An even tougher nut to crack is Entmundigung (‘Disenfranchisement’) for three solo female voices and electronics. It’s inspired by a celebrated tract by the Slovene philosopher Mladen Dolar called ‘A Voice and Nothing More’, whose ideas can be linked to the social and political connotations of ‘voicelessness’. It begins with clouds of glowering, grumbling electronics. A deep alto voice intones on a bending single pitch. It duels with higher pitches – are these the soprano voices or the electronics? Or both? Entmundigung is dominated by ambiguity and overlap- voices real or synthetic project hints of language. At one point a curious three-part harmony emerges where the ear strains to disentangle voice and synthetic sound. After an extended period of stasis, the distinctiveness of each begins to clarify. The alto voice from time to time seems to mimic operatic conventions. The sounds here don’t flow at all, they deliberately conflict, challenge and provoke. Does this constitute a musical experience? Synthetic sounds occasionally suggest the distant, imagined choirs of Luigi Nono’s Prometeo. At 8:40 the alto voice sounds almost shamanic in its quiet intensity. By the 11:00 mark the granulations occur in the form of sandpapery textures and raw vocalisations which expand and contract. Pauses come as a relief to the listener. As the actual sounds are clearly ‘unbeautiful’ glassy, quiet interjections and silences seem like balmy oases of repose. As the work literally stutters towards its conclusion the final vocal sounds one hears seem to represent a last gasp. I found Entmundigung both compelling and uncomfortable. I can’t imagine playing it again any time soon.

In comparison, the opening work on the disc Ins offene (Into the open) for 10 instruments and electronics is certainly more accessible, if not necessarily more conventional. Its opening, whereby jagged drum tattoos joust with spectrally creepy violins and flutes pre-empts an abrupt mellowing which dissolves amid gentle harp textures. The episode is characteristic of music which inhabits a busy, pock-marked environment, suggesting sonic rockpools of teeming life almost inaudible to the naked ear. In this regard I’m not sure that the excessively bombastic percussion that intermittently occurs does the music any favours, however. I was especially impressed by a section of Ins offene beginning at 5:42 where harp and piano seem to be mirroring each other; this triggers an arresting chain of events which concludes in some primitive interplay between low winds and strings. The harp seems to provide something of a subconscious, almost omnipresent transcendental background. The electronic presence doesn’t really become apparent until the 8:00 mark when weird high-pitched sounds which could be transmitted from outer space intersect with percussion and wind sounds which evolve into distant rumbles of what might equally be thunder or trains in tunnels. Wind instruments guffaw and mock like pairs of insolent magpies accompanying radio signals. More confrontational material predominates until 17:00 when an uneasy peace is restored, notwithstanding the odd loud jab. The silences which eventually emerge seem out of place given what has occurred up to this point. Ins offene conveys a kind of instrumental musique concrete with a few telling electronic interjections. It’s both fascinating and unsettling, spectacularly so when experienced through a pair of decent headphones in the dark.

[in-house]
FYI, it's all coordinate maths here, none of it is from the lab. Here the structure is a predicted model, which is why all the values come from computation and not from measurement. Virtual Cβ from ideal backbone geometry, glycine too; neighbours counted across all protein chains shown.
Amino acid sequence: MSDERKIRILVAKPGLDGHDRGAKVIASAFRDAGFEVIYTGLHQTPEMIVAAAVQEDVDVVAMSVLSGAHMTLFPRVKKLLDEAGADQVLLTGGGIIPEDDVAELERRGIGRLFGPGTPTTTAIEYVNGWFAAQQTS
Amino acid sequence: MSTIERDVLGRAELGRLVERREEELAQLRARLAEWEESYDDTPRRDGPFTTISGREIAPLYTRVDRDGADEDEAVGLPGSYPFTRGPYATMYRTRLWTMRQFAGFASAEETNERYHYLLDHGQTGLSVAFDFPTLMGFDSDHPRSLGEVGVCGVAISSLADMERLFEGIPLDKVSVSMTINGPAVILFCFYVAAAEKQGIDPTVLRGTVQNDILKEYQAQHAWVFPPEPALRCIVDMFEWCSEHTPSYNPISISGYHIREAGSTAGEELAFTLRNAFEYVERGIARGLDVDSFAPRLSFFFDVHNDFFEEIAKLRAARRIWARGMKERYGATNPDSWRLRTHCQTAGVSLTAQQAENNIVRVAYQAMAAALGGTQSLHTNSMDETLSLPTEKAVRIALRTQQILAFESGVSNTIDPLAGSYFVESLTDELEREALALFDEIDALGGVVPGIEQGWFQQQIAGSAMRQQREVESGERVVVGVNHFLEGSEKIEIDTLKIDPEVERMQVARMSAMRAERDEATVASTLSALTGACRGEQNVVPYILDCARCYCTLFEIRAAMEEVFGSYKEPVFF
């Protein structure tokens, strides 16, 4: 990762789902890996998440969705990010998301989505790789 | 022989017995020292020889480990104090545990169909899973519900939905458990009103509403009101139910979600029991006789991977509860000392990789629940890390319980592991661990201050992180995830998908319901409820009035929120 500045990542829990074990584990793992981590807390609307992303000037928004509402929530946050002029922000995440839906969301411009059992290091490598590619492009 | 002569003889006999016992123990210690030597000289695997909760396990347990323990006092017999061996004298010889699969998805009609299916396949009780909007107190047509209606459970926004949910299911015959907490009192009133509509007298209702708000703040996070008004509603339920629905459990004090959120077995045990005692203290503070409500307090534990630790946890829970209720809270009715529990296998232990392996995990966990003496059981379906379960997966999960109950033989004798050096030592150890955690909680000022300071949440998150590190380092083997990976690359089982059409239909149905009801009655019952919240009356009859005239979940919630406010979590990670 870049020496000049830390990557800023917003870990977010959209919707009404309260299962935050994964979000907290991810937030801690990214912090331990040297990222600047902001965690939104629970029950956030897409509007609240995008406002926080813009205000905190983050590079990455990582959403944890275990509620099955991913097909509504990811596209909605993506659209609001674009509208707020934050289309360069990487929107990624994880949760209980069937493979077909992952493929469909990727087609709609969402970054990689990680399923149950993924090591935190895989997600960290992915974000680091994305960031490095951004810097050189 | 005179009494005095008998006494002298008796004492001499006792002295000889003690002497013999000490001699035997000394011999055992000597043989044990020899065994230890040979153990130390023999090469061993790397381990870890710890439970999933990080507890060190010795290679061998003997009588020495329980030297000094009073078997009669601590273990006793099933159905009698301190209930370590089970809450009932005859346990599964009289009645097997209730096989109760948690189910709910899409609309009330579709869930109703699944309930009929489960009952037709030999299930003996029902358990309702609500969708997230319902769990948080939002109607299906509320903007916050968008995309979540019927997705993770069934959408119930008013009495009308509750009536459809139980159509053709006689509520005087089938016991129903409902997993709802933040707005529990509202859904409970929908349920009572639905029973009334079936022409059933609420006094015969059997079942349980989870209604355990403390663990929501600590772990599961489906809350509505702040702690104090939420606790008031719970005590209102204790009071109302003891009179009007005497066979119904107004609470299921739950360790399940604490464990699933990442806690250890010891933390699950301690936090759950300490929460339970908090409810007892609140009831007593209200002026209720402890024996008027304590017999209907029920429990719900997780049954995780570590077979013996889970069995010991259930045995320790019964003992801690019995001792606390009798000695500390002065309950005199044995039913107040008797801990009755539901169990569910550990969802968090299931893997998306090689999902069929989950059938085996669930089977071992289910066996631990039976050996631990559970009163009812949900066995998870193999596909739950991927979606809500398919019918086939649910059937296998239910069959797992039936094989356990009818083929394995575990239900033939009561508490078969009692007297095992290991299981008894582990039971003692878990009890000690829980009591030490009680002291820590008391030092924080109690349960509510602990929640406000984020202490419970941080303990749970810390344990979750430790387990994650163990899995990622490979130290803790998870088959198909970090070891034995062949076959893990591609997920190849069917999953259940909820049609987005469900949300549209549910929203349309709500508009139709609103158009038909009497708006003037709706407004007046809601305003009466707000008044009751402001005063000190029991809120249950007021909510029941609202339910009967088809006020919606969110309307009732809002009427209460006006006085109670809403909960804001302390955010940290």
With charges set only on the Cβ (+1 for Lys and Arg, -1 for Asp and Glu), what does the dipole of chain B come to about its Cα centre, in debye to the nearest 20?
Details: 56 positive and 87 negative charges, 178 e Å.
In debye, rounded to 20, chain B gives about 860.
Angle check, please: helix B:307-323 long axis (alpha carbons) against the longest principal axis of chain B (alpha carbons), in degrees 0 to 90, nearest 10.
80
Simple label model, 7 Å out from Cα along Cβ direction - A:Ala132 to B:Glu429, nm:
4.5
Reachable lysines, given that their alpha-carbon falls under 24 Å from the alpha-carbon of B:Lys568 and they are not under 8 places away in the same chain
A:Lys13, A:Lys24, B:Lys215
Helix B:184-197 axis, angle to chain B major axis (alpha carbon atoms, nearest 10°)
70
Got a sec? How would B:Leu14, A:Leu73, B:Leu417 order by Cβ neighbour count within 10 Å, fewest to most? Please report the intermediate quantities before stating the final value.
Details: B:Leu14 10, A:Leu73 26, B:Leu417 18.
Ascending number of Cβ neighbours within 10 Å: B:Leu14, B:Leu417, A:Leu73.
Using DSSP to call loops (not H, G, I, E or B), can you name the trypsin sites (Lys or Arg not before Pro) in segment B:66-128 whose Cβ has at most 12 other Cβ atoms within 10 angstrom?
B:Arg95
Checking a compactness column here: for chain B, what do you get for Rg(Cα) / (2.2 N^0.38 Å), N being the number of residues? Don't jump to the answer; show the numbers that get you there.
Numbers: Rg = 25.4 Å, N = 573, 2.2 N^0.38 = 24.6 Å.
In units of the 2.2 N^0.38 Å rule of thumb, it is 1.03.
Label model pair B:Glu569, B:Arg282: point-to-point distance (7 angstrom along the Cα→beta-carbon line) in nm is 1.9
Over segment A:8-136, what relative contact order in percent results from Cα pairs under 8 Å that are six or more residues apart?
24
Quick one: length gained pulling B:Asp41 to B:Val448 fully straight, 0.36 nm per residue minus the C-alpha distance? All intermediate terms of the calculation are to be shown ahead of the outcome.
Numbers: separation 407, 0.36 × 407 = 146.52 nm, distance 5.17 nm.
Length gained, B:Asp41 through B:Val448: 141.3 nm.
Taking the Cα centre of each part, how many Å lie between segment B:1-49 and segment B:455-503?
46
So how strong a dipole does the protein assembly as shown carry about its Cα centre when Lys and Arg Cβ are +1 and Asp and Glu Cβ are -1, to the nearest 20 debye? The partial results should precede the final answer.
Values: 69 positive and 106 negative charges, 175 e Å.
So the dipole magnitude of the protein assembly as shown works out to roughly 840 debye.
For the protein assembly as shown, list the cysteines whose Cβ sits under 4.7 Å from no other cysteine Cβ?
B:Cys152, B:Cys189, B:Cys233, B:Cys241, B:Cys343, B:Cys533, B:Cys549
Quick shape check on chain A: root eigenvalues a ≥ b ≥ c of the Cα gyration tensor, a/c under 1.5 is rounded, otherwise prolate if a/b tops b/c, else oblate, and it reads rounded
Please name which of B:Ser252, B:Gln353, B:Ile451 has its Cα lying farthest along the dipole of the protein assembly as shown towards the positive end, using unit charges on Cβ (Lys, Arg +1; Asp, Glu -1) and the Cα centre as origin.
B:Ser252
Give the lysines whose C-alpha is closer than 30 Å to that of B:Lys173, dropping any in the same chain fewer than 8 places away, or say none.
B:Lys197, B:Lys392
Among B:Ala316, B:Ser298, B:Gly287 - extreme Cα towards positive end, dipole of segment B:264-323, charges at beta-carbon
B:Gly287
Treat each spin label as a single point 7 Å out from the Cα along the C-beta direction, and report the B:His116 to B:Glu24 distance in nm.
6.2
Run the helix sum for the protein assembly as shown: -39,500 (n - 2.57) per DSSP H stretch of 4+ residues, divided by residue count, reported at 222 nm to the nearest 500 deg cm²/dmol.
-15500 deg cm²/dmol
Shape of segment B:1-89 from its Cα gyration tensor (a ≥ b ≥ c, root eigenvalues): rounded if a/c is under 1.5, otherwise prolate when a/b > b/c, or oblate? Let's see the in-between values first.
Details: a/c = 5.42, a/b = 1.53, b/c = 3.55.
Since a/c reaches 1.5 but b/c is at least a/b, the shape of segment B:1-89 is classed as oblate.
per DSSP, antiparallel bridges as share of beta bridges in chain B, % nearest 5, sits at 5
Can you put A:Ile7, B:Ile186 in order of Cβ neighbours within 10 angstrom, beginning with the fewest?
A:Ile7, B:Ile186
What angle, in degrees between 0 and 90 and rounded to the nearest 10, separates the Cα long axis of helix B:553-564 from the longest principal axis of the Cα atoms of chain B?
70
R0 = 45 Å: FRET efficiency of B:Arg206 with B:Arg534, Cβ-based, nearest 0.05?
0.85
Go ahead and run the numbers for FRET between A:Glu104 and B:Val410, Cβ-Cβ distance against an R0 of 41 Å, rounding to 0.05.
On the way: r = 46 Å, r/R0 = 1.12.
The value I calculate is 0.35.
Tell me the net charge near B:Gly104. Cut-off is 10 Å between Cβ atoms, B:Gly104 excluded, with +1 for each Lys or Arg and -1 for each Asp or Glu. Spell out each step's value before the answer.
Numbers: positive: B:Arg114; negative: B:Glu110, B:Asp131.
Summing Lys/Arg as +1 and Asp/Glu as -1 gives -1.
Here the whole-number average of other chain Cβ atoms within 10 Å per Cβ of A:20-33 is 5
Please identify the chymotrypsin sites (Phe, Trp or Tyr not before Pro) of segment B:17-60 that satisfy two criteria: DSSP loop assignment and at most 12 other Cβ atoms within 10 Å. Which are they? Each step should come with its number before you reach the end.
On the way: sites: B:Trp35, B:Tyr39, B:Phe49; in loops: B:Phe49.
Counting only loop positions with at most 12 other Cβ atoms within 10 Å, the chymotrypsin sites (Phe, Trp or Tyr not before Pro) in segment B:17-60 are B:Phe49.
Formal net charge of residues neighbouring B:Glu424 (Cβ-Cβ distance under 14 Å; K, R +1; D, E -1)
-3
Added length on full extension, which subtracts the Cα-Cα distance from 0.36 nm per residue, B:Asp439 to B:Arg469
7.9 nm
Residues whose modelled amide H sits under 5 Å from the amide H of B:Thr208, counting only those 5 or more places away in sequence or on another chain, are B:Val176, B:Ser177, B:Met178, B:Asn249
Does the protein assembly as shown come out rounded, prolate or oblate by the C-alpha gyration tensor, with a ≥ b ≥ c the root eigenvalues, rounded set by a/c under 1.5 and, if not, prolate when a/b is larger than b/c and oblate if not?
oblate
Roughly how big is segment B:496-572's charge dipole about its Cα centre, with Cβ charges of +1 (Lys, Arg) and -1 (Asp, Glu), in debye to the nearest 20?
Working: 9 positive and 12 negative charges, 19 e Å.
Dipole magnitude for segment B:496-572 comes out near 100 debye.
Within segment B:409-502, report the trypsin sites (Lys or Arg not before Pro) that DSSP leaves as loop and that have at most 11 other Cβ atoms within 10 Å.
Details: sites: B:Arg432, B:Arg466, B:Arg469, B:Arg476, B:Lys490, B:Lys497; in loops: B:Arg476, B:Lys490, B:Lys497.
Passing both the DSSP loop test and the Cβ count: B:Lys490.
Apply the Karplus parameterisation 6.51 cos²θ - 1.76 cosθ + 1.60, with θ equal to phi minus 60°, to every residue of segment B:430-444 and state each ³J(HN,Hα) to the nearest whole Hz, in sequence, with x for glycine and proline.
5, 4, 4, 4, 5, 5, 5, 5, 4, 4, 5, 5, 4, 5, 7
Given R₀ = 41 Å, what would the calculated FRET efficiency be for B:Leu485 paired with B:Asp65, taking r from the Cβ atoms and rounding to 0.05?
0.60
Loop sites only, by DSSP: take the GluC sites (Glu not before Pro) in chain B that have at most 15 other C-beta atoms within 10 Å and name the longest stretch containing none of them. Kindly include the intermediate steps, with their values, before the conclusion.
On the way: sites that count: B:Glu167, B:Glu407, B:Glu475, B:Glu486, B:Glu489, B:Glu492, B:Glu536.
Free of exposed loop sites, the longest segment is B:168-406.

Whatever one’s response to this densely eventful, challenging music, it is unlikely that open-minded listeners will be unimpressed by the immaculate and invigorating musicianship displayed by the various soloists, ensembles and technicians who perform on this disc. Wergo’s sound is superlative, which seems critical given the unique sonic environments Lula Romero has devised here. I found little that I could truly describe as beautiful, but even at her most provocative this composer’s voice both deserves and demands to be heard. Listeners who are truly serious about new music will discover much food for thought in these three works.

Richard Hanlon